The Importance of Disability Representation in Media

With Sia’s movie Music coming out recently, it has sparked a long overdue conversation about disability and how it’s grossly misrepresented in the media. The movie stars a non-autistic actress who was coerced into portraying the role of an autistic child who embodies all the harmful stereotypes of a person with autism, such as exaggerated facial expressions and having meltdowns that result in the Lethal Prone Restraint. Sia did not consult any actual autistic person for this movie and actually worked with Autism Speaks which is an ‘advocacy organization’ that many people of the Autism Community do not support or affiliate themselves with due to many scandals and anti-autistic sentiments the organization holds. 

Headphones Photo by C D-X from Unsplash Harmful movies like Music are made all the time and are advertised as feel-good inspirational forms of media. In reality these are not feel-good or inspirational to the neurodivergent and disabled community since they perpetuate characters and themes that encourage ableism and misrepresentation. This is why disability representation is so important. Disabled and neurodivergent people should not only be seen as victims, heroes and villains in the media. Just like anyone else, they deserve to have characters they can actually relate to and are dynamic. As a young disabled woman myself, I grew up feeling misrepresented in the media and this caused people to treat me differently too since their only exposure to disabled people was through the very few characters on TV that were written with stereotypes and not even played by a disabled person.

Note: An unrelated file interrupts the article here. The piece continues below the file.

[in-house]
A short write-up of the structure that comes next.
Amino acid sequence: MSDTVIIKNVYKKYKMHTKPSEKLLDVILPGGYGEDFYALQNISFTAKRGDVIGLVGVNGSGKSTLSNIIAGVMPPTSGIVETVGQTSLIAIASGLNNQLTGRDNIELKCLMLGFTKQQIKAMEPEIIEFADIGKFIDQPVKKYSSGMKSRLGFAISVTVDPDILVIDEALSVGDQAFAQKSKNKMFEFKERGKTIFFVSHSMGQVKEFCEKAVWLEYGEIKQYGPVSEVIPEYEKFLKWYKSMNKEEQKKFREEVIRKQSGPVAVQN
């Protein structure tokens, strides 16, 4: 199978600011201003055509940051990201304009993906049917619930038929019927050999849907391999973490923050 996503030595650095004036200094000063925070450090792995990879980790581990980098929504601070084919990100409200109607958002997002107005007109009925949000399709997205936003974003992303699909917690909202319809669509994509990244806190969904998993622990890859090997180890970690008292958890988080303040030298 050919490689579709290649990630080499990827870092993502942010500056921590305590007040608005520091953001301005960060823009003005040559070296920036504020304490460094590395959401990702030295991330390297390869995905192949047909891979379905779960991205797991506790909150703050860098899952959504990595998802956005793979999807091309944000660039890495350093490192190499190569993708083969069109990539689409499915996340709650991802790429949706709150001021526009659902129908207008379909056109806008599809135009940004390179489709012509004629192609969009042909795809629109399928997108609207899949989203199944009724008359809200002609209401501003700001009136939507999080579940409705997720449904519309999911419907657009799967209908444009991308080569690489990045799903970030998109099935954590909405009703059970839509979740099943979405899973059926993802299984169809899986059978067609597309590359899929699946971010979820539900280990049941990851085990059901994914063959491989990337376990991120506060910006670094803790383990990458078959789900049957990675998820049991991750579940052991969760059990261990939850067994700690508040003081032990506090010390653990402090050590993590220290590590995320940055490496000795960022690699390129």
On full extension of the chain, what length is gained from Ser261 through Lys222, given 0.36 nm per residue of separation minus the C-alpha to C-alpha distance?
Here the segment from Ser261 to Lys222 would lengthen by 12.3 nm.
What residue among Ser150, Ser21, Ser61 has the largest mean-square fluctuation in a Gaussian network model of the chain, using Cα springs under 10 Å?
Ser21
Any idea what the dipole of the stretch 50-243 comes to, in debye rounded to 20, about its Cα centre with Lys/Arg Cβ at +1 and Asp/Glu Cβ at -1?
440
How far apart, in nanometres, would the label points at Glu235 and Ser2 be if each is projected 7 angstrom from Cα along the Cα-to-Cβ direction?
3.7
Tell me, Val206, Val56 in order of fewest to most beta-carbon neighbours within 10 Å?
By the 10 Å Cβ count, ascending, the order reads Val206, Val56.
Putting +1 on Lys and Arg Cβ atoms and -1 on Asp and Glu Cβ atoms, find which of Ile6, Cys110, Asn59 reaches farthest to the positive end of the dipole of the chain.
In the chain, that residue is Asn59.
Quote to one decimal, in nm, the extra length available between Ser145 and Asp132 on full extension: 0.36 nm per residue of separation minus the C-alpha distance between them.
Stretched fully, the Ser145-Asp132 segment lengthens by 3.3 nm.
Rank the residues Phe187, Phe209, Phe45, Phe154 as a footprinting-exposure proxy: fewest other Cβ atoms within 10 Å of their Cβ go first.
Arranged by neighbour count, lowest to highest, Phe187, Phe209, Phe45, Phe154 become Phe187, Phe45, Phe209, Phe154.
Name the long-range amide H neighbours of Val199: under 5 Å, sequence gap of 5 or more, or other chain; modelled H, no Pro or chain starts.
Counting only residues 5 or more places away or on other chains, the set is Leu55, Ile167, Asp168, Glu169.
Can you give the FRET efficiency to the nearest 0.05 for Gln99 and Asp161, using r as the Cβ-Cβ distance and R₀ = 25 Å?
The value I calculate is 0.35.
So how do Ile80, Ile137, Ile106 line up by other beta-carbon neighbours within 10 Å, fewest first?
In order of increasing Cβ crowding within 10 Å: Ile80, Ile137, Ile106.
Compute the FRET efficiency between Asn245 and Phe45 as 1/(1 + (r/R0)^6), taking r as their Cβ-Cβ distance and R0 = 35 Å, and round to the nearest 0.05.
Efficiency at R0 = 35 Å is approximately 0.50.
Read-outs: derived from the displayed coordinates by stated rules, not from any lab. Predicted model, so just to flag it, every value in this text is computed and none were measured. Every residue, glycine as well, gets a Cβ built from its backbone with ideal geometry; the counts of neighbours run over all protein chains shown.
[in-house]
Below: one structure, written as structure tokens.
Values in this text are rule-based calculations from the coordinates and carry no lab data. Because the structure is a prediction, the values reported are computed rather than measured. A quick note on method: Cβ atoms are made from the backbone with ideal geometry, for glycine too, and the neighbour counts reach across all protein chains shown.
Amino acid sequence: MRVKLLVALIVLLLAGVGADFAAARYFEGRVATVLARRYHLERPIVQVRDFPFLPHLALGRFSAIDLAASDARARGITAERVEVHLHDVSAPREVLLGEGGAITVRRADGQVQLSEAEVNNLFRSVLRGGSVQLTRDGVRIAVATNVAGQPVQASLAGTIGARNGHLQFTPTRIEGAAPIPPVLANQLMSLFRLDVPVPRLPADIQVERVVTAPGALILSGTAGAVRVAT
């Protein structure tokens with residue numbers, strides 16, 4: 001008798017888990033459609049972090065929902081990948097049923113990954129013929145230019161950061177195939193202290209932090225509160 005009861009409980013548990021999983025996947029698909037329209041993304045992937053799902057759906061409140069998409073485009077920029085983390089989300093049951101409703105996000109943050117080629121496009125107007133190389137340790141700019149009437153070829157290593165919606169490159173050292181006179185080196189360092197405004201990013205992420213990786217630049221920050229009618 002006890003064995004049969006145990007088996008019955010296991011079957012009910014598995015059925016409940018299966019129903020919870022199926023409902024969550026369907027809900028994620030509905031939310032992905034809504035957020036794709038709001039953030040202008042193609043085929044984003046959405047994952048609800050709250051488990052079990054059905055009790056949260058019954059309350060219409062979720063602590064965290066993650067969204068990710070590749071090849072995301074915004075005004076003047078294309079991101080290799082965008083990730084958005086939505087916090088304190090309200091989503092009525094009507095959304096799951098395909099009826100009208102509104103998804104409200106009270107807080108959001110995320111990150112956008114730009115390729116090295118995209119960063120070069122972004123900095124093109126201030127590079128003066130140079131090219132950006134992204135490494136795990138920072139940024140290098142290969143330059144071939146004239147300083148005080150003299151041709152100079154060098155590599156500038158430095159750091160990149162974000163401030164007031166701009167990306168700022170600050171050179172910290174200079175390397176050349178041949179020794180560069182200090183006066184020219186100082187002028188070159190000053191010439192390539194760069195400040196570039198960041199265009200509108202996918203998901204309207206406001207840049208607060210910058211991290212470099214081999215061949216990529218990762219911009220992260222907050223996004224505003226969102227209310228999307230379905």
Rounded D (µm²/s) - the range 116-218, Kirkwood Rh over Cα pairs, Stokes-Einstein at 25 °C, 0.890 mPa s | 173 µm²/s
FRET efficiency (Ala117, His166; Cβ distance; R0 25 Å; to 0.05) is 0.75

netflix streaming on laptop Photo by Charles Deluvio from Unsplash Although there are many misrepresentations, there are also some really good representations. A character I looked up to growing up was Toph from Avatar the Last Airbender. She is a talented earth bender who helps save the world and also happens to be blind. She is a dynamic character and although being blind is a part of her identity, she was still given characteristics that did not solely revolve around or rely on her disability. She was the comedic relief and also a badass who was an extremely skilled earth bender. Her skills weren't used to make up for the fact that she was blind, but rather to show that strength can be found in the most unconventional ways.

spray painted words on electrical box Photo by Maria Thalassinou from Unsplash Fortunately, the media is finally starting to catch up and realize that they need to do the largest minority group, people with disabilities, some justice. According to Easterseals, 15% of the world population lives with a diagnosed disability so there is no excuse for it to be represented so poorly when there are so many disabled actors out there and so many resources that inform people about disability and ableism. I hope now with social media people will start listening to disabled voices and let us dictate how we want to be represented. Just like able bodied characters, disabled characters deserve to be dynamic, have problems that aren't their disabilities, have passions and have love interests. Disabled people are not tropes or accessories, they’re actual people who can benefit or be harmed depending on what the media decides to depict them as.